The flagship of Canada's fleet of icebreakers will be going south for repairs after suffering mechanical problems during a scientific mission in the Arctic Ocean.
The Louis St. Laurent was working in the thick ice on Sept. 19 when crew members felt an abnormal vibration in the stern.
"Upon further investigation with its autonomous underwater vehicle, it was determined there was a problem with the centre propeller," said Brian LeBlanc, the Coast Guard's fleet director for the Arctic.
The 42-year old icebreaker was on a joint mission with the U.S. Coast Guard to continue surveying and mapping the continental shelf beyond 200 nautical miles for Canada's submission to the Commission on the Limits of the Continental Shelf under the United Nations Convention on the Law of the Sea.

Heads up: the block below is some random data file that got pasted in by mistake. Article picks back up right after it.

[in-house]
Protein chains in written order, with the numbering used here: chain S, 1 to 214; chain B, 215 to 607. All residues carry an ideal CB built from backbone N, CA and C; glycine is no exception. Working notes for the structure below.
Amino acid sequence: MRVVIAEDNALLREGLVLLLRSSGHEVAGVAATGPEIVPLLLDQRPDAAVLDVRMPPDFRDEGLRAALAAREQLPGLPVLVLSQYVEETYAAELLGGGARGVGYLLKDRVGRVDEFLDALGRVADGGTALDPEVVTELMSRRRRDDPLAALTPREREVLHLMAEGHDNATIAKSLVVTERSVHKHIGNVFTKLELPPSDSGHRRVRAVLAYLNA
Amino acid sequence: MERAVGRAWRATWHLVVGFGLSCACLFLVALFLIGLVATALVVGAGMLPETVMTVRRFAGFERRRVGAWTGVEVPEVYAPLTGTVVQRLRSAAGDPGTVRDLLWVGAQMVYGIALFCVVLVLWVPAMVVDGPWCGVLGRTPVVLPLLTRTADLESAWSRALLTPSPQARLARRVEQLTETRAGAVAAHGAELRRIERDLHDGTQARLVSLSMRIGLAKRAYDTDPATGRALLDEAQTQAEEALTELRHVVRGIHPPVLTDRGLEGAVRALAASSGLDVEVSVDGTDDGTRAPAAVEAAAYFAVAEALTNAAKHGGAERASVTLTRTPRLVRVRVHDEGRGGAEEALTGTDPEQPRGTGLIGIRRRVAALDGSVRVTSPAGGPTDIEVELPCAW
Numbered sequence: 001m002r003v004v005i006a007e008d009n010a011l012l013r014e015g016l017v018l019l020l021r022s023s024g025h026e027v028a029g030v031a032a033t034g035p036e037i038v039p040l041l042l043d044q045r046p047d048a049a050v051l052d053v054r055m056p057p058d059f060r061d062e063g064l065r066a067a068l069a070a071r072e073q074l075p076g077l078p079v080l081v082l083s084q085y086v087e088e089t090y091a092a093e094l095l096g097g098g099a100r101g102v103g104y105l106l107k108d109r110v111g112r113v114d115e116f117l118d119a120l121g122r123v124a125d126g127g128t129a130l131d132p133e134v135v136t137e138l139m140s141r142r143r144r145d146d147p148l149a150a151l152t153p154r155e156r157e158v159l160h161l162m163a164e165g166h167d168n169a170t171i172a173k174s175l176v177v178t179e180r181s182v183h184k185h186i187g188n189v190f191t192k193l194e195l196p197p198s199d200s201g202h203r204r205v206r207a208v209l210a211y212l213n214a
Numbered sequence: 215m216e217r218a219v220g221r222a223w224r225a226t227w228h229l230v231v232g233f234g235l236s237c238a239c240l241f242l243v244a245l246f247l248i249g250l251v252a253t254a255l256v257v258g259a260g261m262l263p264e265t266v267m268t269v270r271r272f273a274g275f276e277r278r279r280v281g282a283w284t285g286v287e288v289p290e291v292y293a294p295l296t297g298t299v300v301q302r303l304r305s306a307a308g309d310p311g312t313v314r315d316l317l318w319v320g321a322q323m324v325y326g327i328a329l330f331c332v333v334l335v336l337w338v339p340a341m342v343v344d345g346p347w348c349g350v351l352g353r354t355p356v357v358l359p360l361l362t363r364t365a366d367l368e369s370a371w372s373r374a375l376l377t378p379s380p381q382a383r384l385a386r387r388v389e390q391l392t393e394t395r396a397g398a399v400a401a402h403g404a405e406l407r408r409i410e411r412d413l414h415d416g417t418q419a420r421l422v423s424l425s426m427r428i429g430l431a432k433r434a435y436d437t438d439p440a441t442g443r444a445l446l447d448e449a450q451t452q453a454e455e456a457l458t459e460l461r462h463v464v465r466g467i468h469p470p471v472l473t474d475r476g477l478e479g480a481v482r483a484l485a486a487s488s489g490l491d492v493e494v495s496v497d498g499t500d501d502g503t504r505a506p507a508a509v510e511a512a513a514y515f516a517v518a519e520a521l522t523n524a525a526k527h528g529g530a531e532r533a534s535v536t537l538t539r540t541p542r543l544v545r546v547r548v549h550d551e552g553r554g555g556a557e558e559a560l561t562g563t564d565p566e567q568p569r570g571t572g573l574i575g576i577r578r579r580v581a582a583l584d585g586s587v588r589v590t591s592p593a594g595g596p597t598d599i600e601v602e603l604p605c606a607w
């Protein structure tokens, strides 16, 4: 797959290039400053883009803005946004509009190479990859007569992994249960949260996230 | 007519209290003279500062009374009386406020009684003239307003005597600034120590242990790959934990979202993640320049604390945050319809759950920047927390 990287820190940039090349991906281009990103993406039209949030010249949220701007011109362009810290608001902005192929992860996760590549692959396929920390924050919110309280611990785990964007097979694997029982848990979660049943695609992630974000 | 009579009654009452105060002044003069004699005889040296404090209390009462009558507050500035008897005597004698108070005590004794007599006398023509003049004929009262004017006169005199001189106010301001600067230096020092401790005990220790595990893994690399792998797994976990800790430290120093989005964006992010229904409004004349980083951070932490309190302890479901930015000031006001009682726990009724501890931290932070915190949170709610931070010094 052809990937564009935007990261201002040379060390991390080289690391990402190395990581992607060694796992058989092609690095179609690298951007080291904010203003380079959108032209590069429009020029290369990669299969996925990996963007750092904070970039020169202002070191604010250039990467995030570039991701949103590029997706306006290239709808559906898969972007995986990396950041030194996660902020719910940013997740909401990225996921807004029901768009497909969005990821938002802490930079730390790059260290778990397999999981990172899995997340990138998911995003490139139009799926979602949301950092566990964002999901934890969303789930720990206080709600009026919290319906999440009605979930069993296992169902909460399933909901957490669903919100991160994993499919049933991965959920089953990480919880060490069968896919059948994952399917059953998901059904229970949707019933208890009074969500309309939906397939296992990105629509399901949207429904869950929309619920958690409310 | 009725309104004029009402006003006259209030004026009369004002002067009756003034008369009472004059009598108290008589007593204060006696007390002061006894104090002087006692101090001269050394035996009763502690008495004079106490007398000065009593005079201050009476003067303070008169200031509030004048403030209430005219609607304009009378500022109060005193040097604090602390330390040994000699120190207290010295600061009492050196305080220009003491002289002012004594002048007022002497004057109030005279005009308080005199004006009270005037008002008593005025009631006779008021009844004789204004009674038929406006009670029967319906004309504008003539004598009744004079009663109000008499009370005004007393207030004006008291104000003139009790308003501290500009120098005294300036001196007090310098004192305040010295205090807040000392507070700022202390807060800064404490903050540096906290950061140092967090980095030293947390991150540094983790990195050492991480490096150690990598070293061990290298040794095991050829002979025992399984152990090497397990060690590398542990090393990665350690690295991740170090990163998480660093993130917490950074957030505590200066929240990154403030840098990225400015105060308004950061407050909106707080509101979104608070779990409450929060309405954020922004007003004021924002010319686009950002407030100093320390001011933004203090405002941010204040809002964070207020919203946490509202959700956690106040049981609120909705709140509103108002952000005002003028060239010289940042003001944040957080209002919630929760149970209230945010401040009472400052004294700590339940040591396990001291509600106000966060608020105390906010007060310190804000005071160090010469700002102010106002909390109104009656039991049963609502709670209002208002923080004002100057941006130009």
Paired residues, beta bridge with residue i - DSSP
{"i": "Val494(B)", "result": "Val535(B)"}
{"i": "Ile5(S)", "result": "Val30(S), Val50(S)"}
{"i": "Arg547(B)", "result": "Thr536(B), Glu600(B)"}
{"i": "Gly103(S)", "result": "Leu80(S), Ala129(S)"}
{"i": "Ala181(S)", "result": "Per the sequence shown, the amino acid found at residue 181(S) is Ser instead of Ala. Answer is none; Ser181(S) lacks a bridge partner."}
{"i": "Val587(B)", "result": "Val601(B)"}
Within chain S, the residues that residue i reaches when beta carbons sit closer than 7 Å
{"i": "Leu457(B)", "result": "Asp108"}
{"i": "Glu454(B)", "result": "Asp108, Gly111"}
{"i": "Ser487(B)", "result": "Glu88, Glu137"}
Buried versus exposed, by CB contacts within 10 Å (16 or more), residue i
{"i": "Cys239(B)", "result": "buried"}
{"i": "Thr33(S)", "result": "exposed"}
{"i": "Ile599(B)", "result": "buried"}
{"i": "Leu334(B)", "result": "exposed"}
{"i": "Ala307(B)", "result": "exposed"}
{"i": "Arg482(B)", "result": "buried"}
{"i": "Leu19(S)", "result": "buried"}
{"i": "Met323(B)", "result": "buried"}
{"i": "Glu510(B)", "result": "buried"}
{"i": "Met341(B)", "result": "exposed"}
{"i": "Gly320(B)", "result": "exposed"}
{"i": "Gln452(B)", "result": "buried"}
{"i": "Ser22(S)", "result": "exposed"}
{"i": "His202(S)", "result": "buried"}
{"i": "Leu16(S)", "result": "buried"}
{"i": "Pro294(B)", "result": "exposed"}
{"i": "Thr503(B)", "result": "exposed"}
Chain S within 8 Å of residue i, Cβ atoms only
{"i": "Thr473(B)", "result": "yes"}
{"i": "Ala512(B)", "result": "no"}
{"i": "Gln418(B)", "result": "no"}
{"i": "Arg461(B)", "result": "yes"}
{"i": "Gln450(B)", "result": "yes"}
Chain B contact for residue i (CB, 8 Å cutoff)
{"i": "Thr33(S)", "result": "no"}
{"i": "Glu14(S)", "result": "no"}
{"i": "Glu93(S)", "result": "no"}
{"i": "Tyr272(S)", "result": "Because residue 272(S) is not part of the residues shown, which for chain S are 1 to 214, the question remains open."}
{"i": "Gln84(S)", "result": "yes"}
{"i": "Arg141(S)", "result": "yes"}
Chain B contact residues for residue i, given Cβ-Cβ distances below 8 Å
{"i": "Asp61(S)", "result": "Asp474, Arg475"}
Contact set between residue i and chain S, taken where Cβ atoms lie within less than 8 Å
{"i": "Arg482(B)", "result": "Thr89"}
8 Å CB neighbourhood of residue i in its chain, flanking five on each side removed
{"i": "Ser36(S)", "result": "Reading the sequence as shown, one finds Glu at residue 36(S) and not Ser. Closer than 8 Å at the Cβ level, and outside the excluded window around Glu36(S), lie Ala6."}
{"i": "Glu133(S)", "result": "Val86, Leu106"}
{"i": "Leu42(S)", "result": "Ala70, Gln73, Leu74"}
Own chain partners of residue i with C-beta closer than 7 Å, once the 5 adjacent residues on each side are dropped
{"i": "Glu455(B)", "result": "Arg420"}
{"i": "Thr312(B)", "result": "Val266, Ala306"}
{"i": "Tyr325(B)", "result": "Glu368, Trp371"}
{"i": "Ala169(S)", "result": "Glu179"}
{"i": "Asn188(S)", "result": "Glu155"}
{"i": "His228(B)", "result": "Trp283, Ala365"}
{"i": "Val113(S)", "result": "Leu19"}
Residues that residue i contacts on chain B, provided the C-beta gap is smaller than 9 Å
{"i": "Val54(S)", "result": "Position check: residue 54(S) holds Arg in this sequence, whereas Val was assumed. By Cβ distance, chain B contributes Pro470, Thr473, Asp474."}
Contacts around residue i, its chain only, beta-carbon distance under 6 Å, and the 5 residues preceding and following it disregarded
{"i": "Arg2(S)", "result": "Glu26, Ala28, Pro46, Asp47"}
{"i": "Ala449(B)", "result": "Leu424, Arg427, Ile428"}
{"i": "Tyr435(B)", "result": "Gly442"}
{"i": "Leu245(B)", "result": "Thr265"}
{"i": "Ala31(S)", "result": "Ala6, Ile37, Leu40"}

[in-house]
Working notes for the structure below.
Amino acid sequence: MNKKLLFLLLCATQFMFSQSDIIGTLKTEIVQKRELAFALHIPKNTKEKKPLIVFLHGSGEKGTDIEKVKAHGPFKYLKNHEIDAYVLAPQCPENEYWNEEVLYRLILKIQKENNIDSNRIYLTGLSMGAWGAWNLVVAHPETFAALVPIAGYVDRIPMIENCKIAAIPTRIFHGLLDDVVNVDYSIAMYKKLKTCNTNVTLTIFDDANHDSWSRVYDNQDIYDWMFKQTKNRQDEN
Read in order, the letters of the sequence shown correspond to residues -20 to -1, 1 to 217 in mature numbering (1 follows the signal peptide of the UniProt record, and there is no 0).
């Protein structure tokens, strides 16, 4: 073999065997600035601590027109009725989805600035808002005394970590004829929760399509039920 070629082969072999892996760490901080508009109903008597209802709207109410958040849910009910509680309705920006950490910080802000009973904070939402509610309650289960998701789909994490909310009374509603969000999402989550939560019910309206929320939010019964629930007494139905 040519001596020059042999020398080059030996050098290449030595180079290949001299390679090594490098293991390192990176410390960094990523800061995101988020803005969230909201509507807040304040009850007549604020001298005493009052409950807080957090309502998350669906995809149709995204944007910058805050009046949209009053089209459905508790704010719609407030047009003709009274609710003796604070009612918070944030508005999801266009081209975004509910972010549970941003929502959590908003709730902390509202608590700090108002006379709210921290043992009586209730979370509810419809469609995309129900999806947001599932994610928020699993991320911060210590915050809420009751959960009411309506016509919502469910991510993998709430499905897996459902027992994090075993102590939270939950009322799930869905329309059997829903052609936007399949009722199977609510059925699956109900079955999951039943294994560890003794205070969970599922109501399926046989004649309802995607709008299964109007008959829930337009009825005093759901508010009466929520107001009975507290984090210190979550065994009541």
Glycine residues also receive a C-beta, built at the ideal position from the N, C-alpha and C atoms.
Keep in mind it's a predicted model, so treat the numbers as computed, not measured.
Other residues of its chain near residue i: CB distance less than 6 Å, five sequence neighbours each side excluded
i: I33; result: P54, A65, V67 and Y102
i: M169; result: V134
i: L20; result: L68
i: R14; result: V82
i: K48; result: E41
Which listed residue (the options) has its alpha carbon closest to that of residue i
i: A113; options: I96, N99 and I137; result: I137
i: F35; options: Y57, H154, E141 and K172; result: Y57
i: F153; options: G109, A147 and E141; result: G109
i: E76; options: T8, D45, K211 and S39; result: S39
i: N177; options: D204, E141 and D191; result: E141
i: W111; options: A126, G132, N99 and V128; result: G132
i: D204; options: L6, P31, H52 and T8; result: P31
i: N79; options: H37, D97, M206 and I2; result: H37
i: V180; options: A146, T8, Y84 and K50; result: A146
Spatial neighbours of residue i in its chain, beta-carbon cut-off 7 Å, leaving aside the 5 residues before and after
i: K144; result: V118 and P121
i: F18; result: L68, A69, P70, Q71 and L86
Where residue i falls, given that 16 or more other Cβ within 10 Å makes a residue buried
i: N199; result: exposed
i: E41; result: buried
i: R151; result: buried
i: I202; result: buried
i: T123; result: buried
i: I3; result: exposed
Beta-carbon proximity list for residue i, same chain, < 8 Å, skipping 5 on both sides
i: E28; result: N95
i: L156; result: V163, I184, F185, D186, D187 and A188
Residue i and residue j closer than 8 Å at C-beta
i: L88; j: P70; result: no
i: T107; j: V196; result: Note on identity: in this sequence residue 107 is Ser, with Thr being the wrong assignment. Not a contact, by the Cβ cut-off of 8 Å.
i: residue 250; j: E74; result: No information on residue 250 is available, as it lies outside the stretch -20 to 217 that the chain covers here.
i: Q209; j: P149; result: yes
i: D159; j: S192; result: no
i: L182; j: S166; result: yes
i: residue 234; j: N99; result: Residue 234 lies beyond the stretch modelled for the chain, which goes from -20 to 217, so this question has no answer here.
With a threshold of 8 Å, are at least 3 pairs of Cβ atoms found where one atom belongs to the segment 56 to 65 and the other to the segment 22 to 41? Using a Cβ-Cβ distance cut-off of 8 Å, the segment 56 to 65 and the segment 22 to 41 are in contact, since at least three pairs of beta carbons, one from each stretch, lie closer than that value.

When the St. Laurent broke down, the U.S. Coast Guard cutter Healy escorted it out of the ice.
From there the icebreaker sailed eight days under its own power to Cambridge Bay, Nunavut, where it has sat offshore since Sept. 27.
"Unfortunately the on-site repairs were not successful, so we're faced with bringing the ship through the Northwest Passage and down to the south where we can put it into dry dock to complete the repair," said LeBlanc.
The St. Laurent has two working propellers to make the voyage.
LeBlanc says the scientific mission in the Arctic Ocean was completed before the breakdown, and the ship was then scheduled to be on stand-by for icebreaking duties in the high Arctic until its return to St. John’s, N.L., in mid-November.
There are other Coast Guard ships around Nunavut that will pick up the St. Laurent’s duties.
The St. Laurent is scheduled to be replaced in 2017 by a new $720 million polar-class icebreaker that will be named the John G. Diefenbaker.